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‘Immortals’ Review: Thoughtful Doc Treats Young Iraqi Revolutionaries Not as Subjects So Much as Artistic Collaborators

Revolutions bring hope for a better life and strength in community. “Immortals,” a documentary about young Iraqi activists, deals with the aftermath of 2019’s October Protest Movement. What happens when the promise of a better life has been hijacked by insidious political forces? An insightful look into the social and political fabric of modern Iraq, Maja Tschumi’s film shows the quiet desperation of losing hope and having raging emotions that cannot be outwardly expressed. It also chronicles the plight of a generation who shares their dreams and frustrations with other people around the world suffering from similar oppressions.

Although “Immortals” captures the specificity, language and culture of Iraq, the aspirations of the activists it follows mirror those of others in Sudan or Iran, to name just two other places where recently youth have shown that they demand change. The film follows Milo, a feminist dealing with a family of strict constrictive rules, and Khalili, a filmmaker who found his calling in documenting the revolution. They are not so much the film’s subjects as partners with Tschumi, since they co-wrote the script and the narrative is based on their lives and memories.

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Milo and Khalili are witnesses and archivists who fill the film with more than just factual recounts. They bare their pain and despair, but also their hopeful vision for a future beyond their country’s current state. Working in collaboration, the three filmmakers re-enact episodes from Milo and Khalili’s past showing events that add context to the current proceedings. It all seamlessly comes together with no disconnect, such that even sharp eyes can’t easily discern which parts are real and which are re-creations.

Khalili’s camera gives “Immortals” its most visceral visuals. He captures the chaos in the streets of Baghdad, and the elation of the revolutionaries striving for change. Bullets fly by and tear gas fills the frame, but he also captures the joy, frivolity and optimism of the demonstrators. His post-revolution testimonials provide the film with haunting commentary. As he looks straight at the camera, mourning lost dreams and talking about dead comrades, “Immortals” proves why his story needs to be told.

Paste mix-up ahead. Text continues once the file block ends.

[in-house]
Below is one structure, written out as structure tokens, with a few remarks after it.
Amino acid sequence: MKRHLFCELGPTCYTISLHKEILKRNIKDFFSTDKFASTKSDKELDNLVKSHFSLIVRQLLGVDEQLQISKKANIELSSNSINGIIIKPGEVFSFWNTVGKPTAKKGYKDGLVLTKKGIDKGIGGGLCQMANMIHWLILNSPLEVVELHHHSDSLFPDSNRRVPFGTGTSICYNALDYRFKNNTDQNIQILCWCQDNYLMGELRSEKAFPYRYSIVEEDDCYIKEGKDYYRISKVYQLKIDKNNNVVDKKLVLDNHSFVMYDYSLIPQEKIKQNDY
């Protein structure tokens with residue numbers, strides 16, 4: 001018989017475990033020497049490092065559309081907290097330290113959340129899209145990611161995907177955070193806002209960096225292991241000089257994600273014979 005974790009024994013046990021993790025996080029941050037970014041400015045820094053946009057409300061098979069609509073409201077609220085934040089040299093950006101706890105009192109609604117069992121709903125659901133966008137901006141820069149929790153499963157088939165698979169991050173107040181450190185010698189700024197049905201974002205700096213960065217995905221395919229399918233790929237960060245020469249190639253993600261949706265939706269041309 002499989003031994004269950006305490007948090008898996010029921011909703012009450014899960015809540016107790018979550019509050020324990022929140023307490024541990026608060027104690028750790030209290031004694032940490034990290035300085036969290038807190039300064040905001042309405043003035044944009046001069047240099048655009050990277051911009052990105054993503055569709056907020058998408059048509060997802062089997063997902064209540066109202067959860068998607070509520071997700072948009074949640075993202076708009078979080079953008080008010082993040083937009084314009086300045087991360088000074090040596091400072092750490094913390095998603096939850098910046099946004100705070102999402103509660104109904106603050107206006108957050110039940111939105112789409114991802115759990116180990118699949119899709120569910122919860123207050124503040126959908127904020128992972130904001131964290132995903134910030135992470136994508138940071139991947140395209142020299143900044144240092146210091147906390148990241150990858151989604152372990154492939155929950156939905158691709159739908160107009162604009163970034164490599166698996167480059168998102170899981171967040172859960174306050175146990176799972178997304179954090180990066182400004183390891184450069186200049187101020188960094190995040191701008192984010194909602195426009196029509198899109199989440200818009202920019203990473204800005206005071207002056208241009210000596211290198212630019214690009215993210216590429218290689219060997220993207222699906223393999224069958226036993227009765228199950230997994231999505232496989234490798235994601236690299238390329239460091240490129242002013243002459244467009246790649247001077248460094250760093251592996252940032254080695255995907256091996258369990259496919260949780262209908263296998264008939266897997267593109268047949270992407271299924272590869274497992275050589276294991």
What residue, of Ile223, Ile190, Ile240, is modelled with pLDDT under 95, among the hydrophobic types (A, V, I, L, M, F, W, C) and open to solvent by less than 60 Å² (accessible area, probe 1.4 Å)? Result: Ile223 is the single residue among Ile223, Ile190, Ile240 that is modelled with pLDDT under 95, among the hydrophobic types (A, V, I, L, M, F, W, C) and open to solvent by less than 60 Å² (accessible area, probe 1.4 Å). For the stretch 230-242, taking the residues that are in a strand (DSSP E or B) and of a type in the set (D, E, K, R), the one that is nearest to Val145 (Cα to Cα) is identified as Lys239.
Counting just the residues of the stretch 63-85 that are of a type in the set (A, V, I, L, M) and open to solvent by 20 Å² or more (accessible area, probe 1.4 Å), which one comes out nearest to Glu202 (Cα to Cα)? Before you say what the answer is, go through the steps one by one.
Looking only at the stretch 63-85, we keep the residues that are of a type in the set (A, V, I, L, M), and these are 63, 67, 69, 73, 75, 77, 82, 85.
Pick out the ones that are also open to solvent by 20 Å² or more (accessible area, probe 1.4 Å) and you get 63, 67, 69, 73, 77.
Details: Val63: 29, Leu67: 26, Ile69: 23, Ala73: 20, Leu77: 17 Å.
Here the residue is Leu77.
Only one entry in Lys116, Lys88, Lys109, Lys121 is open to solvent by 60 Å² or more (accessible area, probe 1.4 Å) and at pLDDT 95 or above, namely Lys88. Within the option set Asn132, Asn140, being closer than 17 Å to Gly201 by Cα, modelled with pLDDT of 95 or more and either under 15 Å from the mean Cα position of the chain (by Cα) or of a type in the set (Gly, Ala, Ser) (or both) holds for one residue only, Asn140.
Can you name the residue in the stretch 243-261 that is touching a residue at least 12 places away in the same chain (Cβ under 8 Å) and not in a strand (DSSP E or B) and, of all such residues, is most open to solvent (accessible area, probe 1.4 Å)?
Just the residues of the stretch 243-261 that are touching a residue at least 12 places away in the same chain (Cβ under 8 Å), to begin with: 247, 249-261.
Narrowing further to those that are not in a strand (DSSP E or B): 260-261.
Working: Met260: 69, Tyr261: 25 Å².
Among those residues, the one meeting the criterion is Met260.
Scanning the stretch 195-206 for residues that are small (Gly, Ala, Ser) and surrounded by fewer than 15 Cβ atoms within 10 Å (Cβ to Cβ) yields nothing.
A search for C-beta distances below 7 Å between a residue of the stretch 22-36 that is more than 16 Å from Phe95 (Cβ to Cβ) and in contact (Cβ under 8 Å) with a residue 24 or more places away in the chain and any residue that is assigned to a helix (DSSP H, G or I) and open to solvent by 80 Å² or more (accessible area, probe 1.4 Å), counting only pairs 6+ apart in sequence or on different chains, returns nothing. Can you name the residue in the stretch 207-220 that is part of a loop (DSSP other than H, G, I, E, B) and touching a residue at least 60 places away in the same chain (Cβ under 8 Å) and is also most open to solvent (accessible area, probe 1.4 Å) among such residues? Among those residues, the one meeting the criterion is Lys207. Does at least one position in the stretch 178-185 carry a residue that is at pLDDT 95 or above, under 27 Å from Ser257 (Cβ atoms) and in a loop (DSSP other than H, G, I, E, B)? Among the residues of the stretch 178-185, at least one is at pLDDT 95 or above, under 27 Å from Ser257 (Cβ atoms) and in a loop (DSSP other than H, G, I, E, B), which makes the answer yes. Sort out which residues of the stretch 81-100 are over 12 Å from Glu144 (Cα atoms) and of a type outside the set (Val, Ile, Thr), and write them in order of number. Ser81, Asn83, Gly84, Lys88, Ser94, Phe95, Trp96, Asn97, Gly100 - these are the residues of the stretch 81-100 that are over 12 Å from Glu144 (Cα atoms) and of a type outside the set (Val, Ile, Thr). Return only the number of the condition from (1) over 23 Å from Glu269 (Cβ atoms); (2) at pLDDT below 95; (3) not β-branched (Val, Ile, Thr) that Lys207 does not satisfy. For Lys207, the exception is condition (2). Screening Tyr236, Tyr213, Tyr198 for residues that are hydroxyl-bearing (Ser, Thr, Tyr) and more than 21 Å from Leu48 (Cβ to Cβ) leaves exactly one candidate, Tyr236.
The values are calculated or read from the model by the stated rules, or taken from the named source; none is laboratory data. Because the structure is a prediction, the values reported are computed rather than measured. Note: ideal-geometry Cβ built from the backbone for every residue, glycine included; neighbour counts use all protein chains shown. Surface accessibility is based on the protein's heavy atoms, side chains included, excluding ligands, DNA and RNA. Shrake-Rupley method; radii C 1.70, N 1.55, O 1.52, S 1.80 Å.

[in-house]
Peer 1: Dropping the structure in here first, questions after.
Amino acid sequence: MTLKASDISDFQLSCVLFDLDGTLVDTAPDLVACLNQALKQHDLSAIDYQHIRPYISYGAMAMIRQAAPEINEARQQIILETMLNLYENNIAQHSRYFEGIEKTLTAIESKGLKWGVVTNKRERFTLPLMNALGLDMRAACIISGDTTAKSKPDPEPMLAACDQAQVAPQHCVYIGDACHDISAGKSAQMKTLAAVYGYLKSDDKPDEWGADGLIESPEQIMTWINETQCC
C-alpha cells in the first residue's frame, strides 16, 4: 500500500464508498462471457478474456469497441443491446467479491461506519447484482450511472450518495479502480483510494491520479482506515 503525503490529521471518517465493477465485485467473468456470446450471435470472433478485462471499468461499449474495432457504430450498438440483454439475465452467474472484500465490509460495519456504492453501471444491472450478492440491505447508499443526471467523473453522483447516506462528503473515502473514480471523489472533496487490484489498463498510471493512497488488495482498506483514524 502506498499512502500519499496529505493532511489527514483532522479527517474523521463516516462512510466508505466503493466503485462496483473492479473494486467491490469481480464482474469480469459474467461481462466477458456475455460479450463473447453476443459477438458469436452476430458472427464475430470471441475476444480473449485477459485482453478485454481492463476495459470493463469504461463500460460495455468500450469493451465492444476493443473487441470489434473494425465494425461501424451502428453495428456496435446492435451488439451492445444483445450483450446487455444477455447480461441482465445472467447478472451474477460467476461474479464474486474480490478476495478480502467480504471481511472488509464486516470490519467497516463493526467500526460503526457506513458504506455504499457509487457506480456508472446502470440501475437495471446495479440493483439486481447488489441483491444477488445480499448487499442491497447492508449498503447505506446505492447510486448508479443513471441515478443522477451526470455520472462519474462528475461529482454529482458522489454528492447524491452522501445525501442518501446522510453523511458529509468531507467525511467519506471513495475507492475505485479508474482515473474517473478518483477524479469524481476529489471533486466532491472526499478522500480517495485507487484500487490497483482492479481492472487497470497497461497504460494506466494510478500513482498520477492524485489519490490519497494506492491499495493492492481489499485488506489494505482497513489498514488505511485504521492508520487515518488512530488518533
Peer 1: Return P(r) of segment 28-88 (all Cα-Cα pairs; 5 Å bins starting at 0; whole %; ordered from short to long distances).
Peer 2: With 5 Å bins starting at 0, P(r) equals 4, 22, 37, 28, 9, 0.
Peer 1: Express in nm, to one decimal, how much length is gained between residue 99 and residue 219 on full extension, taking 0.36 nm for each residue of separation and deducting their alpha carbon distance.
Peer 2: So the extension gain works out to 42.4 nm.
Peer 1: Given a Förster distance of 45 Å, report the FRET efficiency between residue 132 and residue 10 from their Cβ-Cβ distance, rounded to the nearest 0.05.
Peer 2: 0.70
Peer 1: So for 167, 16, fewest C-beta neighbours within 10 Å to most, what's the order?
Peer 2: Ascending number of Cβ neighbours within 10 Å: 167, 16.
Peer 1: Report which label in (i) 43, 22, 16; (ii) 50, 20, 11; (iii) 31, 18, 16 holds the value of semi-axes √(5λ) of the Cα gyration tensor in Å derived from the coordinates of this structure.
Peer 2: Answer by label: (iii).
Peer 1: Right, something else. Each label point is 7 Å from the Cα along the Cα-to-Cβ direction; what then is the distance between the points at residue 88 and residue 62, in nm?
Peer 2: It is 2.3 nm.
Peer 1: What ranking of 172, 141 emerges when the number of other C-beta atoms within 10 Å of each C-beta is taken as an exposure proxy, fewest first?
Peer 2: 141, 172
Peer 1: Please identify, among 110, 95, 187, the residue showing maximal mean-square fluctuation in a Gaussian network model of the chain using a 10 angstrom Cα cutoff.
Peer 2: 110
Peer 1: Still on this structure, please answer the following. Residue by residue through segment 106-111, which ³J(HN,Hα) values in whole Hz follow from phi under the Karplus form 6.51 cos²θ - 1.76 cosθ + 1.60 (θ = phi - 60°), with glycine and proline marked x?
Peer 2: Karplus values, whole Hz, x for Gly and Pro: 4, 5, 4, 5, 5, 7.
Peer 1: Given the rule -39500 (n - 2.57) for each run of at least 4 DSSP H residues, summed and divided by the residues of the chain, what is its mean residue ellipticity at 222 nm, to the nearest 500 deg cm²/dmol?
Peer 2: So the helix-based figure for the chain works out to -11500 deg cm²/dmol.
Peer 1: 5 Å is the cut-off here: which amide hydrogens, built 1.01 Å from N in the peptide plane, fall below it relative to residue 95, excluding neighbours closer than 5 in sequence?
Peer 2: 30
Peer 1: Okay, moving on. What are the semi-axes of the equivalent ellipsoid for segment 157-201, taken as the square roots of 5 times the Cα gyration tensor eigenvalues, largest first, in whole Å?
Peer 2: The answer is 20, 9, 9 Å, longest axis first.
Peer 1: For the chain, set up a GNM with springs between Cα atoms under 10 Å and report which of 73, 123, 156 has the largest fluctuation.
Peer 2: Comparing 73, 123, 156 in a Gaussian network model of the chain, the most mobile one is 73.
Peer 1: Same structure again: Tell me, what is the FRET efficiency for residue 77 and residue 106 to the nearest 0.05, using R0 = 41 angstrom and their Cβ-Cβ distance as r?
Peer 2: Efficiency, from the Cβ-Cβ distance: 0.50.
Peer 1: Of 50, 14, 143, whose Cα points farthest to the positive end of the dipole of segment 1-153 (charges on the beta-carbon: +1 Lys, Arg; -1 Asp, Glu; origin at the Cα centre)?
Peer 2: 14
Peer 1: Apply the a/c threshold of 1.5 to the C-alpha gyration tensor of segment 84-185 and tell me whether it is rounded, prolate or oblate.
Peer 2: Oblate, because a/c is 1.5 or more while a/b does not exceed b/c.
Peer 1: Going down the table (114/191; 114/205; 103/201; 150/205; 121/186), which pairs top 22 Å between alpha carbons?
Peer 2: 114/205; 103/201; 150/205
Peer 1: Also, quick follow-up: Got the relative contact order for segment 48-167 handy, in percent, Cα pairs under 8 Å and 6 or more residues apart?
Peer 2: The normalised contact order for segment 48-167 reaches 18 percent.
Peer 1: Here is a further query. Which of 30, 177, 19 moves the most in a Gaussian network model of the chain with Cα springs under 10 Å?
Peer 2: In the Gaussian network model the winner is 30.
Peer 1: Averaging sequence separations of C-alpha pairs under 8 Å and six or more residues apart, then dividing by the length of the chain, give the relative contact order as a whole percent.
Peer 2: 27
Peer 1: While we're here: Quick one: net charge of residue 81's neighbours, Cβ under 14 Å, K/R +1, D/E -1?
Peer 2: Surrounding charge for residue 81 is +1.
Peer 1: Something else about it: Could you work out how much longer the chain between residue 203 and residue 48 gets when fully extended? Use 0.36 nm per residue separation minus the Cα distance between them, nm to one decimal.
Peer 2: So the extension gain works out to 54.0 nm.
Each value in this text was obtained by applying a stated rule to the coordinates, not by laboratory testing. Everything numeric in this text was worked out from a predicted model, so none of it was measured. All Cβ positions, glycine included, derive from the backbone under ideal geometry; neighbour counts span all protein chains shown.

Like a screen star, Milo has an expressive face that brims with emotion. As she recounts how she can only wander around Baghdad when dressed in her brother’s male clothes, many feelings are conveyed by the timbre of her voice: her pride in being able to figure out a way to be freer, her skepticism of the situation and her distress that this is what she has to resort to as a rallying feminist. Tschumi and cinematographer Silvio Gerber patiently hold the camera on her. Though Milo is still and calm even in movement, her conviction comes through clearly and passionately.

Milo’s section of the film also conveys the tenderness and affection with which these young people treat each other. In her interactions with a close friend — the two cook, eat and share long late-night conversations — the film shows how they are one another’s oasis amid the danger and frustrations. When conflict arises as decisions need to be made, the camera stays at a remove to show the gulf that appears between friends as priorities shift. These powerful, intimate scenes make audiences privy to private discussions they wouldn’t normally have access to.

Watching “Immortals,” we wonder: Can Milo reconcile her love for her country and friends with her yearning for a fuller life somewhere else? It’s an unanswerable question, and Tschumi knows better than to suggest a definitive response. Her quiet meditative treatise on post-revolution ennui is never didactic. “Immortals” calmly follows its protagonists as they try to overcome a situation bigger than them. Milo and Khalili prove to be active storytellers in control of their narrative, if not their circumstances. In chronicling the lives of these young activists, the film links their struggle and strong conviction to others of their generation around the world. This Iraqi revolution might not have achieved its goals, but optimism reigns as long as young people like Milo and Khalili live another day.

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